Though she also talks about examples of non-beautiful TV women (Roseanne, Maude) and women aging on TV (Maude, everyone on The Golden Girls), Klein focuses the bulk of her book on TV women moving from a single type (married upper-middle class housewives with children) to multiple types (married or single, mothers or non, various careers, various classes, etc.). The title character, Murphy Brown, illustrates single career womanhood and single motherhood. Roseanne and Grace from Grace Under Fire illustrate two types (married and unmarried) of working-class motherhood (and both work, at least in part of the shows' runs, in traditionally masculine occupations). The women on Friends and Sex in the City show sexual liberation and updated attitudes towards dating. And so on. While many of these arguments leave me with a feeling of "well, duh," they are still interesting to read.

There are issues I think Klein could have addressed that she does not. In particular, I would have liked to see a chapter on younger women on TV. Not only is Roseanne interesting, but so are Becky and Darlene. How does having these newly feminist TV moms change TV daughters? She alludes briefly to My So-Called Life and The Gilmore Girls, but doesn't go into any detail. But perhaps that would be another book. I also found her treatment of body image (particularly weight) and aging on TV to be more cursory than I would have liked.

All in all, this book is worth reading. Klein draws on some good books for her background and theory, and she has obviously done her homework in terms of watching countless hours of sitcoms. It's nothing revolutionary, but if you are a TV-lover, it is fascinating.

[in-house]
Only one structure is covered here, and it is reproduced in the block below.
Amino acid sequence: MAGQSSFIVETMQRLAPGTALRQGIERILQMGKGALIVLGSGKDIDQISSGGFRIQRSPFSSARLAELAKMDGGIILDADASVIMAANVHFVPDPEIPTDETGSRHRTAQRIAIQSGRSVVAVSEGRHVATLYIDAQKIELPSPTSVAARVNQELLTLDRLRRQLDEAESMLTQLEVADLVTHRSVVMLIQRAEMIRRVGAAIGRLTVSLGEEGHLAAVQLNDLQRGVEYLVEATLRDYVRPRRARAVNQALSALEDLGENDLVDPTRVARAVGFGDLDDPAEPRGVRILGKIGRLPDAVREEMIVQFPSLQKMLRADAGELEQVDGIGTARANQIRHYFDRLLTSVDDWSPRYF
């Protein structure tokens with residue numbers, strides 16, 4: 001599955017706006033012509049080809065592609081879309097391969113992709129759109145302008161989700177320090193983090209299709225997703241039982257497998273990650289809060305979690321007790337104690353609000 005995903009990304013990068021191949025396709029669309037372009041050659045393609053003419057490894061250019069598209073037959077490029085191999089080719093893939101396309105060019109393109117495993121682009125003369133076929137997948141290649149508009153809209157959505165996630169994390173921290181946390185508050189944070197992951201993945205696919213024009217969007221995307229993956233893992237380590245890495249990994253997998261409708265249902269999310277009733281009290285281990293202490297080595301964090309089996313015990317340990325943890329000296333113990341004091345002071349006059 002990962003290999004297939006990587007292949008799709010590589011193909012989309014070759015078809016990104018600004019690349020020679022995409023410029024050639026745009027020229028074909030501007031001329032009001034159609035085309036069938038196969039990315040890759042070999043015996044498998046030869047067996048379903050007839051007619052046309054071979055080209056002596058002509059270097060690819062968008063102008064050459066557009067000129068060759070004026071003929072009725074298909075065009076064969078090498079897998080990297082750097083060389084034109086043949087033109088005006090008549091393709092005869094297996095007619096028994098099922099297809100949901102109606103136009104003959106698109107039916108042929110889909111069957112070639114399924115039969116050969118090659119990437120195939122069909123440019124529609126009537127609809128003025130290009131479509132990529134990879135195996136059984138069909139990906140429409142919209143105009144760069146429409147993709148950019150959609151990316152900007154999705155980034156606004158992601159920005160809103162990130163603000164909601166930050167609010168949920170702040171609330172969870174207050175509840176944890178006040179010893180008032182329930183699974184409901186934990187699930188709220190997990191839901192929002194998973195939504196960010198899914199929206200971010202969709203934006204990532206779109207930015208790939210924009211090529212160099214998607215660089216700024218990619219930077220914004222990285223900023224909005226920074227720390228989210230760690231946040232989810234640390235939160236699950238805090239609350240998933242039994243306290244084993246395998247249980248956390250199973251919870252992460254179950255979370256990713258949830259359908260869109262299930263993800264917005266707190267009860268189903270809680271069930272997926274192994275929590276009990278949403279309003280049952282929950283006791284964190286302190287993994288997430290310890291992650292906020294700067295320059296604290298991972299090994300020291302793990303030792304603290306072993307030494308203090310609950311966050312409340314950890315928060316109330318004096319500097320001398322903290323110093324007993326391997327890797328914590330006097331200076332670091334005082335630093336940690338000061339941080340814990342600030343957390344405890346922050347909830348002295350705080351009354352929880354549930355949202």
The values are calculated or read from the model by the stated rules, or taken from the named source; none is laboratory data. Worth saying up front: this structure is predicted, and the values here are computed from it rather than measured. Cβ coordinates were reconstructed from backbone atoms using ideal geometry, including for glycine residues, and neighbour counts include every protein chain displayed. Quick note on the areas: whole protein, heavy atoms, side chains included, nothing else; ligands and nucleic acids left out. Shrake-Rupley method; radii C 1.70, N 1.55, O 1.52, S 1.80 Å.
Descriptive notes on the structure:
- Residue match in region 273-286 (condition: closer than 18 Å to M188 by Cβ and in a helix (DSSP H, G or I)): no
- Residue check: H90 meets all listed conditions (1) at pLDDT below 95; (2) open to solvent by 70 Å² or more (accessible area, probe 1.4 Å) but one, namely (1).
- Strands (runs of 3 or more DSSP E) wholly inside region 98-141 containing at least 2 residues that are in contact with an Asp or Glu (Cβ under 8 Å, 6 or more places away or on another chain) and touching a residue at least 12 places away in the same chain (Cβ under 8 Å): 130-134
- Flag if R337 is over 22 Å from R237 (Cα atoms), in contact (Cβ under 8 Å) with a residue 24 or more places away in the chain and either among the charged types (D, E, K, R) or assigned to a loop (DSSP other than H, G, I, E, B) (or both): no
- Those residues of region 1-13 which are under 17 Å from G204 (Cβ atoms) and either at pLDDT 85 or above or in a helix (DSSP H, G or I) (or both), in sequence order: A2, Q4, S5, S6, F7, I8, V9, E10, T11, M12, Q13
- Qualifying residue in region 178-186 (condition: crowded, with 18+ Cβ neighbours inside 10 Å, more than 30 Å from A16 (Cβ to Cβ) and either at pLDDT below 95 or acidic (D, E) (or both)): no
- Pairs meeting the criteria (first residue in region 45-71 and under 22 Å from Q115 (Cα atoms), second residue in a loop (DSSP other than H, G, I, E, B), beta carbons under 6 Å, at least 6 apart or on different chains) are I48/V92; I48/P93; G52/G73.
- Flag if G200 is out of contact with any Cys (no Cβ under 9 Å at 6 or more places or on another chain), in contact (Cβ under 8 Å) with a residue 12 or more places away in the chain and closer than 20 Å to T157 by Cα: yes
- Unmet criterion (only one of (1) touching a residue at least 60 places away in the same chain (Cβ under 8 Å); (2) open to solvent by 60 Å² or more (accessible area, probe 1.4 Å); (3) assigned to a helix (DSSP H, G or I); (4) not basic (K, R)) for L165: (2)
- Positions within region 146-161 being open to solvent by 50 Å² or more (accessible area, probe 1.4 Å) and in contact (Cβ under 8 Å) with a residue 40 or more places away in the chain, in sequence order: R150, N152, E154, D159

The thing with the Murphy Brown kerfuffle that rankles, and that TO THIS DAY I have never seen acknowledged, is that it was obvious that Quayle et al HAD NOT SEEN THE SHOW.

How do I know? Well, because I did. And I remember just about everything from that series of episodes. The 7+ pregnancy tests lined up in her bathroom as she finally accepted her situation. The discussion she had with the child-to-be's father. The look on his face when she told him. The very timbre of his voice as he responded to this information.

He was a long-lost love with whom she had recently re-connected. They were talking marriage. Of course this was before her pregnancy. When she sat down to talk to him about it, he was adamant--if she had the child, he would walk. He did not want to be a father.

She chose the child. And for this she was pilloried for knowingly bringing a fatherless child into the world as a "lifestyle choice".

And not one of those sanctimonious twits EVER mentioned the fact that the kid DID have a father. Only, the father LEFT. He RAN. He gave her the choice of abortion and marriage or him leaving. And not one pundit ever took him to task.

Because they hadn't seen the show, AND because it was so much easier to attack Murphy, the powerful woman-type.

Ah, smell the patriarchy!

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Magical Thinking: True Stories


magical_thinking.jpgby Augusten Burroughs
St. Martin's Press, 2004

As I've mentioned before, I'm a pretty big fan of Augusten Burroughs. I loved Running with Scissors, I thought it was a beautiful, hysterically funny book; and I thought Dry was quite good as well. I've defended Burroughs' choice to make his horrible childhood experiences and his battle with alcoholism at once poignant and comical, and I admire his ability to do so.